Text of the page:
Far from the brink
The Silent Guns of Two Octobers uses new as well as previously under-appreciated documentary evidence to link the Cuban Missile Crisis to the Checkpoint Charlie tank standoff to achieve the impossible—craft a new, thoughtful, original analysis of a political showdown everyone thought they knew everything about. Ultimately the book concludes that much of the Cold War rhetoric the leaders employed was mere posturing; in reality neither had any intention of starting a nuclear war. Theodore Voorhees reexamines Khrushchev’s and Kennedy’s leadership, decision, and rhetoric in light of the new documentary evidence available. Voorhees examines the impact of John F. Kennedy's domestic political concerns about his upcoming first midterm elections on his handling of the Cuban Missile Crisis through his use of back-channel dealings with Khrushchev during the lead-up to the crisis and in the closing days when the two leaders managed to reach a settlement.
Theodore Voorhees, Jr. is Senior Counsel at Covington & Burling LLP.
"Theodore Voorhees, Jr. has written a boldly original and impressively researched account of how events, fortunately, did turn out in October 1962."- Sheldon Stern
—Sheldon Stern, Washington Decoded
"Theodore Voorhees, in his brilliant but under-recognized book The Silent Guns of Two Octobers: Kennedy and Khrushchev Play the Double Game, argues convincingly that there was never any real danger of war, since Kennedy and Khrushchev were equally determined to avoid one, and both were so dominant domestically that they could ensure it didn’t happen. This conclusion is unlikely to disturb the consensus among historians that the world was on the brink of nuclear war."- Andrew Cockburn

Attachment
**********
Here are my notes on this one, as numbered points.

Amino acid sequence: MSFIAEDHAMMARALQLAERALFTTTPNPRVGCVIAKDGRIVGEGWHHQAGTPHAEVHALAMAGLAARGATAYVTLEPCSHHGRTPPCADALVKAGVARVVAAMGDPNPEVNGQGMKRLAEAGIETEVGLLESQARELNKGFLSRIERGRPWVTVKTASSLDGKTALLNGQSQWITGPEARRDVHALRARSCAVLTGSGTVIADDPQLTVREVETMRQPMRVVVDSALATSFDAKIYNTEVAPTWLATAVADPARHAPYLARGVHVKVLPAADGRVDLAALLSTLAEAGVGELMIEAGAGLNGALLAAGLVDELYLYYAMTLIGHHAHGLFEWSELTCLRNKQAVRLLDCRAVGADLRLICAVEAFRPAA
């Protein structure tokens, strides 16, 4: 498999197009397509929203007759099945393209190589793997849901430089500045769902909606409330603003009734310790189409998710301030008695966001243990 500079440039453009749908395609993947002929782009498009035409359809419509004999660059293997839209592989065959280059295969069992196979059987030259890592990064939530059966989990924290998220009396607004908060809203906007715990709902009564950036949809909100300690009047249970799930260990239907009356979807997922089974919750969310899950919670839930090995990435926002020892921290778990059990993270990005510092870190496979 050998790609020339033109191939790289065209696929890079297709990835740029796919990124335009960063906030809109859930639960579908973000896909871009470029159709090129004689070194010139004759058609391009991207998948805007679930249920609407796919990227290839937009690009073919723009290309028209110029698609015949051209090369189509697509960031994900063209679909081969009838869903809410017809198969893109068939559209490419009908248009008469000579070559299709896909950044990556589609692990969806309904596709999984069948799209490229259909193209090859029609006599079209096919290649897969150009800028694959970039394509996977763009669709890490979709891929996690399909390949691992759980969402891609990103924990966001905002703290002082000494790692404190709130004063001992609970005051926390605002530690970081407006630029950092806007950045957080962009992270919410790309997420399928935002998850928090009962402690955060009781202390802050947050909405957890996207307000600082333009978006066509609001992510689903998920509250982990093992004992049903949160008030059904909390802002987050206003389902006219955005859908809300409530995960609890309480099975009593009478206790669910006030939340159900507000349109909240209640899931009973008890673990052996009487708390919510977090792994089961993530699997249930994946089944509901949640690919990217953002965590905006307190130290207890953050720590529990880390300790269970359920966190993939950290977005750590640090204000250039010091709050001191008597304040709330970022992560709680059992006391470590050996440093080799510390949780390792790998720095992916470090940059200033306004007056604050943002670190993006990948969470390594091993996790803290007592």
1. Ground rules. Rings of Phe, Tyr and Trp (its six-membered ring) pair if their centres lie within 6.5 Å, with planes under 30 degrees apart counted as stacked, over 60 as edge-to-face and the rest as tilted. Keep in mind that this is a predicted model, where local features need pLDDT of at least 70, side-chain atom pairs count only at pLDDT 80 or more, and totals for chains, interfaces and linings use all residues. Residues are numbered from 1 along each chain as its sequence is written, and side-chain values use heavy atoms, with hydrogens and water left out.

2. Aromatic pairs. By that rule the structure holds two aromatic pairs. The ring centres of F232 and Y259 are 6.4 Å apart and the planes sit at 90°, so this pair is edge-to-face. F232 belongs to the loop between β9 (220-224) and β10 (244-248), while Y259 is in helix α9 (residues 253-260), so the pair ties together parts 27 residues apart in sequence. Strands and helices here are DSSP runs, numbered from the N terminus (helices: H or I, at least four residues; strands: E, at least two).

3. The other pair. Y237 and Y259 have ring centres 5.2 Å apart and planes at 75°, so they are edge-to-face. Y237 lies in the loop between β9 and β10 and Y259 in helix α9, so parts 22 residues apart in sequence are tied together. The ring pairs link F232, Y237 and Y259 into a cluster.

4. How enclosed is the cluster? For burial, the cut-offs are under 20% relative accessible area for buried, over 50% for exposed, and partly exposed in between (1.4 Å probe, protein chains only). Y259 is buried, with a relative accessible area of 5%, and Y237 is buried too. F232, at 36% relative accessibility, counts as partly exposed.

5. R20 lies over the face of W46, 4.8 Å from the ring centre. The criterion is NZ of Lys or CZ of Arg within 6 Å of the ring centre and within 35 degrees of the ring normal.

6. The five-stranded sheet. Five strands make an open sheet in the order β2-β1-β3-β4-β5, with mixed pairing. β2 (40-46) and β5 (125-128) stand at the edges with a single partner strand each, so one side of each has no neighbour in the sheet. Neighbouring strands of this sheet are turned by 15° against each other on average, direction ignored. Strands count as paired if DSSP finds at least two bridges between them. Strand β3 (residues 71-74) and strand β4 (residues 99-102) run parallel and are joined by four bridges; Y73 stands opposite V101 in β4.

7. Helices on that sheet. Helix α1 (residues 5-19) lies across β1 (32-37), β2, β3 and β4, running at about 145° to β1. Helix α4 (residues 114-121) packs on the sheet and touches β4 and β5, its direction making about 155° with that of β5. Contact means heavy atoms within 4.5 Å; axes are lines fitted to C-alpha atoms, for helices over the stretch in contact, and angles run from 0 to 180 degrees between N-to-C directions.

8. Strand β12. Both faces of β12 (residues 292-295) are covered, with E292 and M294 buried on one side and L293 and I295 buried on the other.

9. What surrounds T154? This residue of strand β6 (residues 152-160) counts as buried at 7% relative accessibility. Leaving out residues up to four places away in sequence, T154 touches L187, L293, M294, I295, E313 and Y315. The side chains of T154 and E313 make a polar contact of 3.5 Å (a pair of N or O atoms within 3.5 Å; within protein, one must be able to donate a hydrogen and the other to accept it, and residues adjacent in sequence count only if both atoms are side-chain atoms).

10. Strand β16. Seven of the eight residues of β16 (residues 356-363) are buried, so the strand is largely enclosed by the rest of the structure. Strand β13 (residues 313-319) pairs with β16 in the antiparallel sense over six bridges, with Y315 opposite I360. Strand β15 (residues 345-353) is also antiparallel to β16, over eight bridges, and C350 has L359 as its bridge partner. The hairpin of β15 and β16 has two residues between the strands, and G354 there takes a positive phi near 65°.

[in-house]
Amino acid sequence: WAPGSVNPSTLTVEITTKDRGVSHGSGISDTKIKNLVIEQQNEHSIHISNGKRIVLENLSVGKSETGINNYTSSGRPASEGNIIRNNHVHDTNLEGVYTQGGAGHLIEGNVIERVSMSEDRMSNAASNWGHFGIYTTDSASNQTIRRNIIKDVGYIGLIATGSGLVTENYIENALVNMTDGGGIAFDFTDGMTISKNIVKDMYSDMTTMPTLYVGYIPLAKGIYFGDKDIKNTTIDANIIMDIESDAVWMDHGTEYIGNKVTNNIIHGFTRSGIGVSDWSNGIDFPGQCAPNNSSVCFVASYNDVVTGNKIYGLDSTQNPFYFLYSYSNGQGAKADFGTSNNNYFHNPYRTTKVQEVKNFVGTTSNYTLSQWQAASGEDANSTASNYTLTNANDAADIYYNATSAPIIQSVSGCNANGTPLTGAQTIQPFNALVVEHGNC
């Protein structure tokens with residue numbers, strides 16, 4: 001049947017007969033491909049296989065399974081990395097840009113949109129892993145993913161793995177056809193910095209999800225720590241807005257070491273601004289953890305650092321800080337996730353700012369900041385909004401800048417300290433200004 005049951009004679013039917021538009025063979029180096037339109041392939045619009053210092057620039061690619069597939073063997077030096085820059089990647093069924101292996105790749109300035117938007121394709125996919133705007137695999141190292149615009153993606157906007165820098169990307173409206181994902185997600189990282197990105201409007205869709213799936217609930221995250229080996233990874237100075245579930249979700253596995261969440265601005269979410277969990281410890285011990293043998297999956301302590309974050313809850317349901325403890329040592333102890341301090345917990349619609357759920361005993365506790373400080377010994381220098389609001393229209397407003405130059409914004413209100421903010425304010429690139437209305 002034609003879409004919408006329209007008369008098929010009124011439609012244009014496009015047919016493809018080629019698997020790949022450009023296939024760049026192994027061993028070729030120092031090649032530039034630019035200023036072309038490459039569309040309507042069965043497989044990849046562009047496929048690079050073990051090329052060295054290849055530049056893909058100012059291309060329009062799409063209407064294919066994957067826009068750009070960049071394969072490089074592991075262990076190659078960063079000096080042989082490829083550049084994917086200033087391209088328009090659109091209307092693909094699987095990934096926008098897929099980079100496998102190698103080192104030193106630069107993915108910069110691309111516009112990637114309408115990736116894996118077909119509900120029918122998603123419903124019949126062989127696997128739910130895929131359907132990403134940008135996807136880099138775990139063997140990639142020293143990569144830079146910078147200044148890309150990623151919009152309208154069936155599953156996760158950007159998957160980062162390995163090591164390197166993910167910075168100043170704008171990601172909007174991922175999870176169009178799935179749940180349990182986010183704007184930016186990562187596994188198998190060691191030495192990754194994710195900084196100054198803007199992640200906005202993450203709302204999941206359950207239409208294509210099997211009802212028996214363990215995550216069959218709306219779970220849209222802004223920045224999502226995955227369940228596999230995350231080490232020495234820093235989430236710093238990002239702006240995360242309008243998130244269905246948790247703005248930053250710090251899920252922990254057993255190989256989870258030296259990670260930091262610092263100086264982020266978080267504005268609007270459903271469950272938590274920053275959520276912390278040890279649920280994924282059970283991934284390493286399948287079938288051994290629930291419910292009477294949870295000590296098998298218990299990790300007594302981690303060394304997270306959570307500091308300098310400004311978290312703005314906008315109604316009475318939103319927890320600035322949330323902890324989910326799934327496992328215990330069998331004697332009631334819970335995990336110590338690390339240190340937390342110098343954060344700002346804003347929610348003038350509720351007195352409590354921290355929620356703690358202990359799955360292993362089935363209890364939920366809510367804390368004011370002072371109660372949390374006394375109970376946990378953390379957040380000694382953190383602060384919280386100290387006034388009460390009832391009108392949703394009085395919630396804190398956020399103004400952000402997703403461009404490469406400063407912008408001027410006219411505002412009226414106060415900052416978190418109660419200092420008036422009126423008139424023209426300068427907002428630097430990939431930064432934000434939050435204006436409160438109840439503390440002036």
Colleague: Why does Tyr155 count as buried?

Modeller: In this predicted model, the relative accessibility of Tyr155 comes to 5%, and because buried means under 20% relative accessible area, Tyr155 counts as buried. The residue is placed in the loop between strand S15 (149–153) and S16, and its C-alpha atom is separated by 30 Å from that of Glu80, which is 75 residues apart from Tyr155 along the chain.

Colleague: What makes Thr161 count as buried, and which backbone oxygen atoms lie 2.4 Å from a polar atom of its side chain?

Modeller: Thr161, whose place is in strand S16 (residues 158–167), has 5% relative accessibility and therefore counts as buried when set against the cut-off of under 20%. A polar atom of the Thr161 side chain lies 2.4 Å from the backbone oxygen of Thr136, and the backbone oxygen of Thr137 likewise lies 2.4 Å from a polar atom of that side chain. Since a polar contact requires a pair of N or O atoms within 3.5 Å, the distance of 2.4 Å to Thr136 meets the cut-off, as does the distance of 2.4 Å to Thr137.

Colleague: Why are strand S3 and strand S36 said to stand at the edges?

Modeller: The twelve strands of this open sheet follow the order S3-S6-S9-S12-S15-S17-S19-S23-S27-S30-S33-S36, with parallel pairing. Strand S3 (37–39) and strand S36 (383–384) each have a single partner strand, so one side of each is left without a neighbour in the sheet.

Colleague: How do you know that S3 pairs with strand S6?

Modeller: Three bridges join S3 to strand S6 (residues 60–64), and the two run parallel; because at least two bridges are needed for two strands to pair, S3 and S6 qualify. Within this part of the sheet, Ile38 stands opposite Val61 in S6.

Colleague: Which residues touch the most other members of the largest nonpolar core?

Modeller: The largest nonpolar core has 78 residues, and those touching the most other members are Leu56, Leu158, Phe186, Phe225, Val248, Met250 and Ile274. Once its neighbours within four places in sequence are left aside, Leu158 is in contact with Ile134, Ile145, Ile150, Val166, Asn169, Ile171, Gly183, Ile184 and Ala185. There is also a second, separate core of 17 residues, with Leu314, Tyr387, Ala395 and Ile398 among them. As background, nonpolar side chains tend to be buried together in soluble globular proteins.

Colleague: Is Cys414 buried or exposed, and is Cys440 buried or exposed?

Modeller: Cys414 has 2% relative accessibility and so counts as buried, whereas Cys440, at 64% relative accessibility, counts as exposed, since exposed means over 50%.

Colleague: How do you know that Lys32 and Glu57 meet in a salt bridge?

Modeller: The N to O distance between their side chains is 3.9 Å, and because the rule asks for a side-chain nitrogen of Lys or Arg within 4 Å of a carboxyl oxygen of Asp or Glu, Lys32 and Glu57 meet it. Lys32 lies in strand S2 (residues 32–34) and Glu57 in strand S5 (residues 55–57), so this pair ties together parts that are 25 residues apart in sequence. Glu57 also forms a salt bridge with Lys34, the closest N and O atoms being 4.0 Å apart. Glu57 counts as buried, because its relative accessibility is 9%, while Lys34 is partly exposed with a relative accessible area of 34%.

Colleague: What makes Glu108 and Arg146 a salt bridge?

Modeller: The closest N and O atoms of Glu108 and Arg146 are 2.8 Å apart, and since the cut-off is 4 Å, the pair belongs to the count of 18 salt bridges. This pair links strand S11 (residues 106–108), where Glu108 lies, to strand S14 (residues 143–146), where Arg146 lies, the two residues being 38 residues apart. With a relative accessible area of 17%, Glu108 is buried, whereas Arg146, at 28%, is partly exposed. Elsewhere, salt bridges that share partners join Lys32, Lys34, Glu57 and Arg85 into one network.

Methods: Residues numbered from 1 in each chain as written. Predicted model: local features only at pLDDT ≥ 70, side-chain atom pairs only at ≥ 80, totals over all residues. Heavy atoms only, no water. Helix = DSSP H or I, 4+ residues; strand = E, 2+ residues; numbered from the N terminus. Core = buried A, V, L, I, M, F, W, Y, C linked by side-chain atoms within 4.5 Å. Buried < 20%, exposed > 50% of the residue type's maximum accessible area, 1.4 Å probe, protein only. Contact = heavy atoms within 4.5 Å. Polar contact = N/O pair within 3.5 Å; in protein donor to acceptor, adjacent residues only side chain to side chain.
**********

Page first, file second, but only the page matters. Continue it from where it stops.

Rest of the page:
—Andrew Cockburn in Spoils of War
“In the vast and growing body of literature on the Cuban Missile Crisis of 1962, when the installation of Soviet warheads on the island elicited fears of nuclear war, there is barely a mention of the influence that US domestic politics may have had on the course of events. Theodore Voorhees’s study is different . . .Voorhees argues convincingly that there was never any real danger of war, since Kennedy and Khrushchev were equally determined to avoid one, and both were so dominant domestically that they could ensure it didn’t happen.”- Andrew Cockburn
—London Review of Books
"The Silent Guns offers some new findings and stimulating arguments on the nexus between domestic politics and diplomacy, the inner workings of the back-channel diplomacy between Kennedy and Khrushchev, Kennedy’s fallback to avoid nuclear war, and the problem of how close the Cuban crisis came to nuclear apocalypse. With these insights, the book contributes to further understanding of the Cuban Missile Crisis."- Toshihiko Aono
—Diplomacy & Statecraft
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Watch: "Theodore Voorhees: Kennedy and Krushchev Play the Double Game Over Berlin and Cuba" at the Commonwealth Club | 10/12/2020